Ezratty, Ezratty & Levine LLP
New York Guarantees (“Good Guy Clauses”) Attorneys
Around New York City and Long Island, many commercial leasehold agreements contain limited guarantees or possibly early termination provisions that are commonly referred to as “Good Guy Clauses.” While the specific provisions of Good Guy Clauses vary from lease to lease, the general goal of such a provision is to protect both tenant and landlord in the event that a tenant becomes unable to pay rent (or otherwise complete the term of a written leasehold agreement).
In a typical Good Guy Clause, a tenant can terminate a lease early by providing the landlord with advance notice. The length of notice is specified in the written lease agreement, and the Good Guy Clause itself —30, 60, 90, and 120 days are typical notice periods. As long as the premises are clean and vacant and there are no defaults under the terms of the lease, the landlord agrees to release the tenant and/or guarantor from liability for rents remaining under the lease contract. This saves the landlord the time and expense of eviction proceedings. It also allows the landlord to accelerate the inevitable process of finding a new tenant and maintain a profitable occupancy of the premises.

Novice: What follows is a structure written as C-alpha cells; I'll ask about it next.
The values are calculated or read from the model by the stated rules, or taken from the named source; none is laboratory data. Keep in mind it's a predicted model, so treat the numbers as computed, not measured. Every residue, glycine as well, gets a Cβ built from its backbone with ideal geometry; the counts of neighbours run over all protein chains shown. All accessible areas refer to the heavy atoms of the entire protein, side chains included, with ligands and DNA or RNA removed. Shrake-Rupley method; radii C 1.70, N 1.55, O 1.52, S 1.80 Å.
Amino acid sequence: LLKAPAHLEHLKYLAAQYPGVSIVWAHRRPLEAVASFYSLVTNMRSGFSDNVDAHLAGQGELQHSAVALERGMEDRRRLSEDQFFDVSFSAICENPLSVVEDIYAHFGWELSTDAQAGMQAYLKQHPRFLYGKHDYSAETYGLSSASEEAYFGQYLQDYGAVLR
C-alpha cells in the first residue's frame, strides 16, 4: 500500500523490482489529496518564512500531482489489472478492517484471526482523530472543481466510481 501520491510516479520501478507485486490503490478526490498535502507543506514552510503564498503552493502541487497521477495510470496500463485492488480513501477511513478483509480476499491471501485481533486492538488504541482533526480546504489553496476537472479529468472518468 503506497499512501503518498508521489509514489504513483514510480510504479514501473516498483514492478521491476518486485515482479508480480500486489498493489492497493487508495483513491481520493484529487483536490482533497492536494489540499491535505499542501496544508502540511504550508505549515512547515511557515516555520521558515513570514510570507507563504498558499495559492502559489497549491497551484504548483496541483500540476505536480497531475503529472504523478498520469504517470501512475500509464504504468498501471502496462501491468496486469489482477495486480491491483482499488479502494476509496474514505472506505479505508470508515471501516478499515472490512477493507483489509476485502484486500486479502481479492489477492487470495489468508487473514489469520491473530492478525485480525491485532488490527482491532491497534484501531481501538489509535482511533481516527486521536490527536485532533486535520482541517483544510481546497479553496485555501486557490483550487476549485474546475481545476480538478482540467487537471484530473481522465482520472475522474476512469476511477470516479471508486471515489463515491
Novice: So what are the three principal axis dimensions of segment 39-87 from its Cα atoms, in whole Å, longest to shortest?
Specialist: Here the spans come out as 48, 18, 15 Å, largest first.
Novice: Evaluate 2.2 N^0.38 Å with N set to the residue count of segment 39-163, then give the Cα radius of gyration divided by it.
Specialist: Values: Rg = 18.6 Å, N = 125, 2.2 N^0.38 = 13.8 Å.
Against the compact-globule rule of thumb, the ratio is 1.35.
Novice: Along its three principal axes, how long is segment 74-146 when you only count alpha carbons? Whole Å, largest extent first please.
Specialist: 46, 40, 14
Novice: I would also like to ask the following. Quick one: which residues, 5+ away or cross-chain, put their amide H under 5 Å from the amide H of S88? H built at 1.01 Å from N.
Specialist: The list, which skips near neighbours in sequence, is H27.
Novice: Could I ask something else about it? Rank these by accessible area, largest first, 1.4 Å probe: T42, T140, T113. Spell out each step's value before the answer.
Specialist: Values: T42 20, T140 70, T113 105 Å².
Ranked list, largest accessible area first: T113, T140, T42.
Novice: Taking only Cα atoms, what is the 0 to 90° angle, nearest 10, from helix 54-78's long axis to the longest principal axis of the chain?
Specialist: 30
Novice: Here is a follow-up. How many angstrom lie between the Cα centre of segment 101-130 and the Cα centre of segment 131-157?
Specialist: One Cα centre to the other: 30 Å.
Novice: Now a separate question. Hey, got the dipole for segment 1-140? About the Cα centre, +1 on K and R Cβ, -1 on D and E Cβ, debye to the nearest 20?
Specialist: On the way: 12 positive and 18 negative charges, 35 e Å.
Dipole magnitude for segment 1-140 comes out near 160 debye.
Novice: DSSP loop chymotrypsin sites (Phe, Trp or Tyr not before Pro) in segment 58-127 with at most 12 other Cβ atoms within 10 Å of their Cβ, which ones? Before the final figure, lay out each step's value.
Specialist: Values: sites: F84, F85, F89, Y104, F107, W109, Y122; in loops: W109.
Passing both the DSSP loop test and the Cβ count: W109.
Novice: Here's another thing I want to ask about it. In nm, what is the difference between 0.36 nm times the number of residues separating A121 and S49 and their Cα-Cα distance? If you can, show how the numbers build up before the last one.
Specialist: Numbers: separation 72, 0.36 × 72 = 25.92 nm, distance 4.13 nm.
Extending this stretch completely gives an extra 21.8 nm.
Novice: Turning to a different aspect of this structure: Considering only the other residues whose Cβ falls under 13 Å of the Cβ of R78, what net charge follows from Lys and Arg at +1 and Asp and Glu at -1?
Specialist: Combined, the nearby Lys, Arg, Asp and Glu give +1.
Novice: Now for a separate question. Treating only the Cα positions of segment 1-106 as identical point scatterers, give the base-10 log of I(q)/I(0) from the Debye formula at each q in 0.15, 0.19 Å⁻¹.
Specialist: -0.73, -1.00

Good Guy Clauses and personal guarantees can be tailored to meet the unique needs of a particular landlord, tenant, or property. Many considerations can affect the application of a guarantee.
Notice Requirements: How much notice the tenant/guarantor must give a landlord before effectively availing himself of a Good Guy Clause is typically negotiated in advance. The landlord should carefully consider how much time she will realistically need to rent the premises to another tenant. The length of lease agreement will also affect the amount of notice that should reasonably be required. In general, longer commercial leases may require longer notice periods, because it is more difficult to secure an appropriate commercial tenant for specialized retail or office premises. Many commercial leases require the passage of a minimum amount of time before a Good Guy Clause or guaranty takes effect. Typically, this time period is one year.